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Rutgers MCS Logo
how we study the ocean
how does the cool room work
sensing satellites
codar antennae
LEO instruments
MET tower
upwelling index
who's in the cool?
who uses the cool room?
evolution of oceanography

How Does the COOLroom Work?
- Remote Sensing Satellites Give Us A Bird's Eye View of the Ocean

If you have ever gone swimming or hung your feet off the bow of a boat in the ocean, you know that there are pockets of cold and warm water. By monitoring the movement of these pockets, scientists can determine how the ocean is moving at any moment in time.

In the COOLroom, oceanographers gather and publish images of the New Jersey coast and ocean taken by NOAA/AVHRR satellites. These satellites orbit the earth at an altitude of 500 miles and are designed to "see" the earth's surface temperature, taking pictures of the earth that represent temperatures as colors. The images taken of the ocean are sent back down to earth as Sea Surface Temperature maps, or SST maps for short.
To learn how to read an SST map, go to the
Control Room and click on the SST button.

In the COOLroom you can also find archived SST maps, if you are interested in a particular date or want to learn how the ocean moved over time.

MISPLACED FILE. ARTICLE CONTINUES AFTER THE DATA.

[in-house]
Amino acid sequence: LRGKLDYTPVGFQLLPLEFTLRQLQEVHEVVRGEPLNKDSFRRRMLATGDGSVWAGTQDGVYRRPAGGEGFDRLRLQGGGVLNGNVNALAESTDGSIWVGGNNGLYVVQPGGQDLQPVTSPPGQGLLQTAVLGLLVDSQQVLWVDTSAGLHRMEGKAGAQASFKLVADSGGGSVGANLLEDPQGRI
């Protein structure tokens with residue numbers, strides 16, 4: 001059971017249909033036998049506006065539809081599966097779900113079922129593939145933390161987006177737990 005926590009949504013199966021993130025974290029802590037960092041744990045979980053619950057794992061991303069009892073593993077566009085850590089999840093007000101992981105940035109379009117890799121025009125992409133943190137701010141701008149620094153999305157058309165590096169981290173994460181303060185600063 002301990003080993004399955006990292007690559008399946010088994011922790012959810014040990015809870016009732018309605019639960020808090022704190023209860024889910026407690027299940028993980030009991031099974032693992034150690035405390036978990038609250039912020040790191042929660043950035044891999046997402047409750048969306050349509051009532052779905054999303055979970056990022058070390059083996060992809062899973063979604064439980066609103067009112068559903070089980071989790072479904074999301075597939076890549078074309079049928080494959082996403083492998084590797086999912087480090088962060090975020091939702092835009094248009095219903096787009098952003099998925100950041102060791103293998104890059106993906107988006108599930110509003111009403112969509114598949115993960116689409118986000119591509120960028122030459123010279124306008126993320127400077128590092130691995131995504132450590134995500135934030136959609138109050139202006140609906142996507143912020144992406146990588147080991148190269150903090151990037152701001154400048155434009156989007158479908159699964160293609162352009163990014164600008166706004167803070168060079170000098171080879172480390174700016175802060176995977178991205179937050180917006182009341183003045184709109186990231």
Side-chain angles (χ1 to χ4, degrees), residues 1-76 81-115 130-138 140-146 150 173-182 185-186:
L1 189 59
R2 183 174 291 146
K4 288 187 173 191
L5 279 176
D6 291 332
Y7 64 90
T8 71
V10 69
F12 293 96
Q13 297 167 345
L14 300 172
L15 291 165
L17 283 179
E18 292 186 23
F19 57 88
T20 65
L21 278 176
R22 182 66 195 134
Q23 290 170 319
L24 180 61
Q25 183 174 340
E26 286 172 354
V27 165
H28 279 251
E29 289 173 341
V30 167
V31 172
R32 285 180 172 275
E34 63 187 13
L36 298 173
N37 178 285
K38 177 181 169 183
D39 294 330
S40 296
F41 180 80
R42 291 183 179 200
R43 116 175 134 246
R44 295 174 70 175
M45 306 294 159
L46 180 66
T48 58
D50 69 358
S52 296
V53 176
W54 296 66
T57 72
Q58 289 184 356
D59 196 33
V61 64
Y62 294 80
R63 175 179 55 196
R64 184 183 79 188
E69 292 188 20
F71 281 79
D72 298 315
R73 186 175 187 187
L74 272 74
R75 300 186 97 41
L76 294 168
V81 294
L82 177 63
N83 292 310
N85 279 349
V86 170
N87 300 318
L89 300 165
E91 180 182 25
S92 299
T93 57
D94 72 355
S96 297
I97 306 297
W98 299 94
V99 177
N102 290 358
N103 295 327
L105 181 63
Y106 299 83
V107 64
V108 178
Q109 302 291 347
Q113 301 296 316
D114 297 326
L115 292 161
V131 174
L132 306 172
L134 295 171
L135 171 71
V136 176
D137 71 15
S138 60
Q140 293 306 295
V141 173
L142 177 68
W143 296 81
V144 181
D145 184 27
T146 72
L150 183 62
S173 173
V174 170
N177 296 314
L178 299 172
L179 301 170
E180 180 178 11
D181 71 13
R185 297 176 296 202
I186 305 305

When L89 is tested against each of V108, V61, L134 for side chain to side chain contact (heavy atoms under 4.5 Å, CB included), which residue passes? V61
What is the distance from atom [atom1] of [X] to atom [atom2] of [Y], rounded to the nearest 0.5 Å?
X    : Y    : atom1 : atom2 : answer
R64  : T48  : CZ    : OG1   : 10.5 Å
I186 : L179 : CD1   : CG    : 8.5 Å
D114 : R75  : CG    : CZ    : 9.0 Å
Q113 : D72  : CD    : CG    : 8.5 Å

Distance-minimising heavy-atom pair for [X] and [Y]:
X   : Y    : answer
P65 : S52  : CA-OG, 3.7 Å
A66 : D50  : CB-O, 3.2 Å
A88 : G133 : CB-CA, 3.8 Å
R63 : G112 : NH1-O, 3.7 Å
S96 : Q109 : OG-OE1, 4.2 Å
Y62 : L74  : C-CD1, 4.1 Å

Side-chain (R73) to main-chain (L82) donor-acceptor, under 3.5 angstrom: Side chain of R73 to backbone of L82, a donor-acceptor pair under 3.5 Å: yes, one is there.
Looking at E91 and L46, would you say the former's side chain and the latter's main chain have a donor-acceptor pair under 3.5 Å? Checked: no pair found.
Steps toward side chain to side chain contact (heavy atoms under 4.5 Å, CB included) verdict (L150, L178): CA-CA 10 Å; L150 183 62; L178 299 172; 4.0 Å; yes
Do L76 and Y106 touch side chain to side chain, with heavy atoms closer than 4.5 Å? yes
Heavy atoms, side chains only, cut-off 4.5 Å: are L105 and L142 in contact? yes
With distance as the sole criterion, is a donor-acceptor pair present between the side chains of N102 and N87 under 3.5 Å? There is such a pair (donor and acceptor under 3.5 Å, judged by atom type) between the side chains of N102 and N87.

The COOLroom provides a description of
these satellites and their orbit.

NOAA/AVHR stands for the National Oceanic and Atmospheric Administration / Advanced Very High Resolution Radiometer. NOAA is a division of the US government, under the Department of Commerce, dedicated to learning more about our environment so the information can be used to improve the lives of Americans. Visit the NOAA at to learn more about how they conduct research, gather information and how they apply the information to help us. On the NOAA site, you can also find out where the satellites are right now.

So, who uses this stuff?
People other than oceanographers find Sea Surface Temperature maps useful. Swimmers can use these maps to decide which beach has water temperature that is "just right." The food that fish feed on tends to get trapped where warm and cold water meet, so fisherman use the SST images to determine where to drop their nets. The US Coast Guard uses these maps for search and rescue operations to help them determine how cold the water is where someone is missing so they know how long someone can survive before they succumb to hypothermia.

Because the COOLroom facilitates collaboration between scientists, they are able to look at Sea Surface Temperature maps from satellites along with information on ocean surface currents gathered from CODAR instruments and weather data gathered from Meteorological Tower to predict the potential for upwelling. Upwelling occurs when cold water from the ocean floor is pushed to the surface.

SST Stands for:


Learn more about the COOLroom's upwelling index.